It does not seem to matter where you are at while on the road, getting that high speed connection is just always out of reach – well, out of reach of your current PC, that is. You would think that having setup hundreds of Wi-Fi for both business and home users that this would not be such an issue for me, but it is if I am not prepared. After finishing a recent redesign of a Wi-Fi system for a campground I realized that the issues that most users were having had nothing to do with the availability of the signal but had more to do with how they were trying to connect to the signal provided.
The first task is to determine your level of Wi-Fi use. Will you be using Wi-Fi a lot inside your RV or just on occasion? If your answer is just on occasion then your solution may be as simple as sitting close to an open window and using plastic screening in the window and not aluminum screening material. If you answer a lot, then you need to consider a solution that can be easily setup but removed for travel. This solution is the one we will be considering in greater detail a little later on. While some of these suggestions have been shown to me by other computer users, some of them are NOT supported by the manufacturers of the devices and are not recommended by me due to inherent dangers to users or equipment.
The first solution was shown to me by a full timer who worked mostly outside his trailer, but needed an option for those rainy days. The solution was to use a six foot USB cable extension and to purchase a USB Wi-Fi adapter; this could have been just as easily one of those CDPD adapters. He ran the six foot cable from his table next to the RV refrigerator through the wall and out through the refrigerator vent where he had attached the stand that came with the USB Wi-Fi adapter to the vent at an angle using silicone to help keep water out. At this point he would use compressed air to get any water out of the connector, then plug the Wi-Fi adapter into the cable and cover it with a freezer bag and zip tie, then go plug the other end into the laptop. Unfortunately there are just a few issues with this. First, the USB port on most computers is powered as part of the laptop’s main board voltage and power source of 5 volts, so if you short it out, you short the main board on PC. The second issue is that a USB connection is not meant for OUTDOOR USE! When I mentioned this to him, he assured me that he had been using this setup for about two years, so I wished him continued luck. If you wanted to run a similar setup for an inside solution which would allow you to move the USB adapter closer to a window, then I would agree with this solution as long as it there is no risk of getting the adapter or cable wet.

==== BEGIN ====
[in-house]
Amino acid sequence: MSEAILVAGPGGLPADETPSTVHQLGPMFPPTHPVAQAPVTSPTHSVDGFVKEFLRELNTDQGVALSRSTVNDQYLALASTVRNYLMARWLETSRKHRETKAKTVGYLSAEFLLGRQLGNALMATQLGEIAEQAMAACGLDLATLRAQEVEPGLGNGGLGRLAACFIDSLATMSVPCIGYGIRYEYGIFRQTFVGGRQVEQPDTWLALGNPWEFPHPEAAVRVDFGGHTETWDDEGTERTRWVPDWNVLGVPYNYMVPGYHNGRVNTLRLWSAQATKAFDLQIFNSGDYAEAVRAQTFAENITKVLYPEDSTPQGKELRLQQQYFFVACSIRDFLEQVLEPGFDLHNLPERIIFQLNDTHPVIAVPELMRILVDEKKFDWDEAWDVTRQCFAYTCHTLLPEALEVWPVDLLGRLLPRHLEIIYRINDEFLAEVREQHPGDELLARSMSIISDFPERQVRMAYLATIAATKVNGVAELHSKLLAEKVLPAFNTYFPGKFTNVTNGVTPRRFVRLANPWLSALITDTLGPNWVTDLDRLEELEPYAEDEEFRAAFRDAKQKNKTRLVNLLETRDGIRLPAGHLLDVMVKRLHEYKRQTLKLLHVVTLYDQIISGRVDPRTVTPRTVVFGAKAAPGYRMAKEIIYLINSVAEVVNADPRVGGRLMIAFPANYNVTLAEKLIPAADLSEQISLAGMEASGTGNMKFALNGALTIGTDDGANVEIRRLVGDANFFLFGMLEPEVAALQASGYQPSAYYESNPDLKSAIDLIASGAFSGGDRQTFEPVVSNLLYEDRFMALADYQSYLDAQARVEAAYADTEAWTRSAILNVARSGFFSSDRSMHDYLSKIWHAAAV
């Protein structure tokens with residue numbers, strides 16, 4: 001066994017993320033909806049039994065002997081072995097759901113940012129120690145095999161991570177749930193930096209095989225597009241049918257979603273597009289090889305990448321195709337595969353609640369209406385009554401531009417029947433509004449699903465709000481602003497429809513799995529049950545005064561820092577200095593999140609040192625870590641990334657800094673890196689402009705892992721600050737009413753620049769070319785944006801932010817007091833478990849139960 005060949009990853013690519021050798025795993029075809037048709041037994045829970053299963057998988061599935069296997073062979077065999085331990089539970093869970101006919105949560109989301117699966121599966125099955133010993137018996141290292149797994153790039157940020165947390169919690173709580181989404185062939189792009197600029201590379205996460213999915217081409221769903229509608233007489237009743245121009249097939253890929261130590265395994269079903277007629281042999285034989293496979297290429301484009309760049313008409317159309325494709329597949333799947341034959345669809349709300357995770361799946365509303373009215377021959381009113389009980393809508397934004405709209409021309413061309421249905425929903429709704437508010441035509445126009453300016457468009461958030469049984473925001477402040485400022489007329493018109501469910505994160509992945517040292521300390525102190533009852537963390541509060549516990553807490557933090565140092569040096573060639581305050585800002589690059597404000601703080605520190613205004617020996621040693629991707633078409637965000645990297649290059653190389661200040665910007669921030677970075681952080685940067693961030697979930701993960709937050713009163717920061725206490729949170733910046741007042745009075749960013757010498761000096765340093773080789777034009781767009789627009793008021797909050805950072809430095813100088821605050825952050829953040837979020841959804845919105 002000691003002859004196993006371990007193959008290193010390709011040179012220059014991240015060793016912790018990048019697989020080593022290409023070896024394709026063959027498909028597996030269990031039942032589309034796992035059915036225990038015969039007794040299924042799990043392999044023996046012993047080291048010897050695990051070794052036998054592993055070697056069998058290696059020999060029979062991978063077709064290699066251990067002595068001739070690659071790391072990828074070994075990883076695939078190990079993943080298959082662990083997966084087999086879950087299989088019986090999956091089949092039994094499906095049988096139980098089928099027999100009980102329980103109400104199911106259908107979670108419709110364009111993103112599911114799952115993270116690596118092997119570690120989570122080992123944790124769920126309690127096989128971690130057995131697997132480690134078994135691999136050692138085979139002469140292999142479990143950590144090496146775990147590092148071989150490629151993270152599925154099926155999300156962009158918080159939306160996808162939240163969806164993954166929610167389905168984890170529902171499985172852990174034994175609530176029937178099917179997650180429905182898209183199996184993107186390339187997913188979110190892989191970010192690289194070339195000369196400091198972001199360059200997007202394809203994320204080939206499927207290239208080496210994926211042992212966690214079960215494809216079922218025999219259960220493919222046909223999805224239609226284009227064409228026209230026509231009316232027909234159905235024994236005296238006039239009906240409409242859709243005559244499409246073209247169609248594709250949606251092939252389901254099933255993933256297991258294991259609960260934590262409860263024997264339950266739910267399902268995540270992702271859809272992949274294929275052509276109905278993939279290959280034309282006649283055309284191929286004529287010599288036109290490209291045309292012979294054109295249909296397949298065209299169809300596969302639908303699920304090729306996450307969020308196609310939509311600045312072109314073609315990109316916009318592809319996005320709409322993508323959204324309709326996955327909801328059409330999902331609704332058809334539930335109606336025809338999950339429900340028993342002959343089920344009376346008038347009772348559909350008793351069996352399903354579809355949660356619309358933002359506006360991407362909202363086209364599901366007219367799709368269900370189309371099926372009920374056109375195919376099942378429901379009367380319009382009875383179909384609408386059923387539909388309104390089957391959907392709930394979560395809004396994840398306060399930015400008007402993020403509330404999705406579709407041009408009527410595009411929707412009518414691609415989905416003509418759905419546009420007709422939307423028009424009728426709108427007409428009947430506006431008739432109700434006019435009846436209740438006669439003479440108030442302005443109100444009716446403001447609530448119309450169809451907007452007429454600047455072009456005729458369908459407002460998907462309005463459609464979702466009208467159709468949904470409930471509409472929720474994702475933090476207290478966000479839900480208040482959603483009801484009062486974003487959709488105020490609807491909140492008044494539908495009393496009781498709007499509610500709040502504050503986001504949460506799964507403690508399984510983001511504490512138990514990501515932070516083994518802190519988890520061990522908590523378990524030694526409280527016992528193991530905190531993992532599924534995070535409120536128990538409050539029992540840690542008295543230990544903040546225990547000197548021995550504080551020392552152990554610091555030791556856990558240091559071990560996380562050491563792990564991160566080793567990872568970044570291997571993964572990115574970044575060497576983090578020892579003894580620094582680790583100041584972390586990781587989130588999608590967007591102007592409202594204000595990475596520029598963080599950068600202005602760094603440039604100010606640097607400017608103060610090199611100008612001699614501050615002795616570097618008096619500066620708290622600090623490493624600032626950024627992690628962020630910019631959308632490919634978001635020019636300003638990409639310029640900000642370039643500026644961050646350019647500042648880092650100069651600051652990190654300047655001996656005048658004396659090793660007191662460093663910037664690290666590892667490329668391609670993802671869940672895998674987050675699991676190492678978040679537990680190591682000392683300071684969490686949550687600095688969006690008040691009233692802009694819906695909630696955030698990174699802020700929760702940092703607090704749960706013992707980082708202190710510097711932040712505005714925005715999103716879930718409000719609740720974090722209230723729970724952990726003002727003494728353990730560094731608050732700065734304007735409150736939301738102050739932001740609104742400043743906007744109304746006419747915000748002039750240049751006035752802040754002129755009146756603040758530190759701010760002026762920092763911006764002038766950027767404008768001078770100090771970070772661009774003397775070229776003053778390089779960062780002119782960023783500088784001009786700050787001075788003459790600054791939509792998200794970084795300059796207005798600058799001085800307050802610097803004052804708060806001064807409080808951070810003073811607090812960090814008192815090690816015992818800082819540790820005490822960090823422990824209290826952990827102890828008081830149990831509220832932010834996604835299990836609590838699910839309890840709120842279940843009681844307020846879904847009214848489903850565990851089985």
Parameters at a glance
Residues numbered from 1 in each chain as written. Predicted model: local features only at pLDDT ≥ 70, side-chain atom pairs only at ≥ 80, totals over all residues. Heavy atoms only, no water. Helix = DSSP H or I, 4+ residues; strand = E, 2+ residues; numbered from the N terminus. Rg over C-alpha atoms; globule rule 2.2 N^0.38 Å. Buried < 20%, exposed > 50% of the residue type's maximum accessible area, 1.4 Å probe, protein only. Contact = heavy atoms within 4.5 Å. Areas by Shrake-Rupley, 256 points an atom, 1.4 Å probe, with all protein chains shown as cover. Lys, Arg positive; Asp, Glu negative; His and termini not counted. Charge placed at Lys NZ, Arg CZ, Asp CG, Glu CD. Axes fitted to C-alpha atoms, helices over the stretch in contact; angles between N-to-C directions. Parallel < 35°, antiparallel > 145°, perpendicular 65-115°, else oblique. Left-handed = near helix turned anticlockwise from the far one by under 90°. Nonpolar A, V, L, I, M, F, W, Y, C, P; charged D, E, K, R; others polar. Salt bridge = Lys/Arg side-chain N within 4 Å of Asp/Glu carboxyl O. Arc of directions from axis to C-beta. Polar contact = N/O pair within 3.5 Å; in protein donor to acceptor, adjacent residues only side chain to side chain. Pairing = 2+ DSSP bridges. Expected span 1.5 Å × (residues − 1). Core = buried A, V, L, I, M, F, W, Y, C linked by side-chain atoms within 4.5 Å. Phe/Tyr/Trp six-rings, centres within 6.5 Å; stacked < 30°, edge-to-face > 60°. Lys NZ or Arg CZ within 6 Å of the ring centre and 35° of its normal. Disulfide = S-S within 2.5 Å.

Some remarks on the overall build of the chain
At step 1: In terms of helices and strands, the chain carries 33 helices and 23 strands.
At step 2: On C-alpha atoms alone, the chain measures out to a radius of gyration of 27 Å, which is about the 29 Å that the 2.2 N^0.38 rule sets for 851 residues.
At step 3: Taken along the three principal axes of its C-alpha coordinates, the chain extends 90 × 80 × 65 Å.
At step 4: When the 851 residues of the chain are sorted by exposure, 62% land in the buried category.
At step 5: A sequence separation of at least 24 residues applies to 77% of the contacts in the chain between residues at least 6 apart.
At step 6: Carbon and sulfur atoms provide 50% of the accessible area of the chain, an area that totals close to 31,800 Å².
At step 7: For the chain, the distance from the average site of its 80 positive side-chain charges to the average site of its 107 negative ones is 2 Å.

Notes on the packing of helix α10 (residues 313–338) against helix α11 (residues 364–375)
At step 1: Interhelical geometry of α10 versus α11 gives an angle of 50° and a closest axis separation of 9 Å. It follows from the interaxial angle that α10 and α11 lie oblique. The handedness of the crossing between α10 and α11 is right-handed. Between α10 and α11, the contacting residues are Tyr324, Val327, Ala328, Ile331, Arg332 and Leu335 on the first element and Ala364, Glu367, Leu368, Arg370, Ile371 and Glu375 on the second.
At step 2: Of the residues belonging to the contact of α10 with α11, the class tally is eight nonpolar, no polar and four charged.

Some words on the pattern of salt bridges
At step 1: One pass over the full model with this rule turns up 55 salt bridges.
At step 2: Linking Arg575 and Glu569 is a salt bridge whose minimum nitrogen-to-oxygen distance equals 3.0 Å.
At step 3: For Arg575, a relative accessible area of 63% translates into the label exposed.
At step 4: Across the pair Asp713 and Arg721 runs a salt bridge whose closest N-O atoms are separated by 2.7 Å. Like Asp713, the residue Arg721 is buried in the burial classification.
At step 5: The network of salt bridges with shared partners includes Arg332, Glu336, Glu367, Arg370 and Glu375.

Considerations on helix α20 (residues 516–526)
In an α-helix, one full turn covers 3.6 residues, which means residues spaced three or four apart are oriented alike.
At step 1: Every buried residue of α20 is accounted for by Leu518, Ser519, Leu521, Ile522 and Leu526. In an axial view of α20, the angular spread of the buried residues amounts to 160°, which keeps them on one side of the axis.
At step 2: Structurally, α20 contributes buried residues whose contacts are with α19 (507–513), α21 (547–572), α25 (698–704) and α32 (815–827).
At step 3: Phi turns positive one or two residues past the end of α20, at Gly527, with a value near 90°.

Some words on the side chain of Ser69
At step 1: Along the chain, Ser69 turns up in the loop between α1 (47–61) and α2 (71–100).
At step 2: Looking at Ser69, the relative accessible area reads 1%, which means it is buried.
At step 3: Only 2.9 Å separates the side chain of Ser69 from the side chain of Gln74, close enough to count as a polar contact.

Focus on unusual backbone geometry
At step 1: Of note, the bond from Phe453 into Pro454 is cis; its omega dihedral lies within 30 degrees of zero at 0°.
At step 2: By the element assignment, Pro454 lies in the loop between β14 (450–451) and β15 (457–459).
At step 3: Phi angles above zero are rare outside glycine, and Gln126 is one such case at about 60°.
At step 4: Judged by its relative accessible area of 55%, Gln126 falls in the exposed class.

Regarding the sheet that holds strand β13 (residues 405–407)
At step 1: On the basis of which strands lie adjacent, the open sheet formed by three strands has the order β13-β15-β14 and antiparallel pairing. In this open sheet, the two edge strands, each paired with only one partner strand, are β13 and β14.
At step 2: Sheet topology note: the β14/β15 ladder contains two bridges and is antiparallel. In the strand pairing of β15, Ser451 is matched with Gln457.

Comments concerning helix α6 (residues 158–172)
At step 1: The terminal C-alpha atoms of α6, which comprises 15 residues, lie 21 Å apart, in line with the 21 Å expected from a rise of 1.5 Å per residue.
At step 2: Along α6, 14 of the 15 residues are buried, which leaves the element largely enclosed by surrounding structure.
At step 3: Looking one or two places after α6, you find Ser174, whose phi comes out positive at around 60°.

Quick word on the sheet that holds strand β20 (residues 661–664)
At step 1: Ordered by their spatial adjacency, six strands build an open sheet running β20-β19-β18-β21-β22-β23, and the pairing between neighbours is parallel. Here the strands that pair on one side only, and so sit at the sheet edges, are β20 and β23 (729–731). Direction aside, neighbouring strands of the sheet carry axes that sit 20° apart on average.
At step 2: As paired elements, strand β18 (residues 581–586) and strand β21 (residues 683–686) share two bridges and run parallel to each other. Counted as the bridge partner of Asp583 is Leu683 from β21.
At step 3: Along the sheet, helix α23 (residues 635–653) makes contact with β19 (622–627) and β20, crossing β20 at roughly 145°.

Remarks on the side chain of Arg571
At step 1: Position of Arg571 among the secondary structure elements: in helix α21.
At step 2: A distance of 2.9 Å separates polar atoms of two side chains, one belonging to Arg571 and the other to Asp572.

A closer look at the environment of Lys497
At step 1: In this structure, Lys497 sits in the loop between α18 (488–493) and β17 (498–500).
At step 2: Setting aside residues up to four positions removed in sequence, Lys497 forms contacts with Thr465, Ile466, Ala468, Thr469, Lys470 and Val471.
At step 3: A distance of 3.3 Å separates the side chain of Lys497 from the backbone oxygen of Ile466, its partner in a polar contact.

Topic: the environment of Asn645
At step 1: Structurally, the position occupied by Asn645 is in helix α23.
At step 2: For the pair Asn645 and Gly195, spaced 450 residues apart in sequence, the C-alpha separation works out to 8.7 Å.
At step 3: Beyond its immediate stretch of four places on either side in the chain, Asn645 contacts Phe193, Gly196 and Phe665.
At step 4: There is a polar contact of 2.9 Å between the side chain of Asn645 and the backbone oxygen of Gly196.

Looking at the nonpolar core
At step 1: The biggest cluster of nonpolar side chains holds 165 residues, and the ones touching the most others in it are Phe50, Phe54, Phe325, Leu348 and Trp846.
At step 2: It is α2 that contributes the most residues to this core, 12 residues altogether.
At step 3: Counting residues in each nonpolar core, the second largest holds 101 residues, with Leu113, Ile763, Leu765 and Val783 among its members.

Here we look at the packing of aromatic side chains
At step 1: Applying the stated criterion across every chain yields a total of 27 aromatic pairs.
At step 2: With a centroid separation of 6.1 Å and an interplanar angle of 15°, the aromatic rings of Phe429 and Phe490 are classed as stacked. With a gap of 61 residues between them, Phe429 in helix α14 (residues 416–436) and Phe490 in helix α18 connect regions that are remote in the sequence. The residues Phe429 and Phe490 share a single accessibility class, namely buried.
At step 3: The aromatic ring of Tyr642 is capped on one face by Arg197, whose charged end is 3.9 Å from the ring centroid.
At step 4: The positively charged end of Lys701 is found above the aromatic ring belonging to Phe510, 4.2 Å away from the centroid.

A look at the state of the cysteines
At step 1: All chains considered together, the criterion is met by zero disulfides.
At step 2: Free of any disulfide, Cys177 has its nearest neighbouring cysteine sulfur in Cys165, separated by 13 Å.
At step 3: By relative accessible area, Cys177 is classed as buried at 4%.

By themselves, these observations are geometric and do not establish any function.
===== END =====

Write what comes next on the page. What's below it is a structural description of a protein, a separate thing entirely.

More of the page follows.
My suggestion for mounting the units would be something as simple as using a zip tie and putting it on your awning pole or using a portable tripod such as the ones made for satellite dishes, which allows you to move it around for the best positioning. You could mount both on the same tripod (see Figure 3) given enough vertical pole space. The second suggestion would be to use shielded twisted pair instead of unshielded and use a grounding strap to ground the shielding on the cable to an earth ground to prevent either a short in your electrical system or other such issues doing damage to the equipment.
The final note about wireless is about security. When you link to a wireless, your information can be seen by others on the wireless if it is not secure. When you connect to a wireless you should use one of the common security encryption protocols such as WPA or the less secure WEP. While the use of encryption does NOT guarantee true security unless you control the access point and do not share the encryption key, which is not likely while Airstreaming, you are going to have to put some trust in the network owner. This is considered the first layer of security. The second layer should be to never use websites for personal transactions such as banking or other financial transactions, online shopping, or even e-mail if the site does not employ a two-part authentication process and some type of encryption.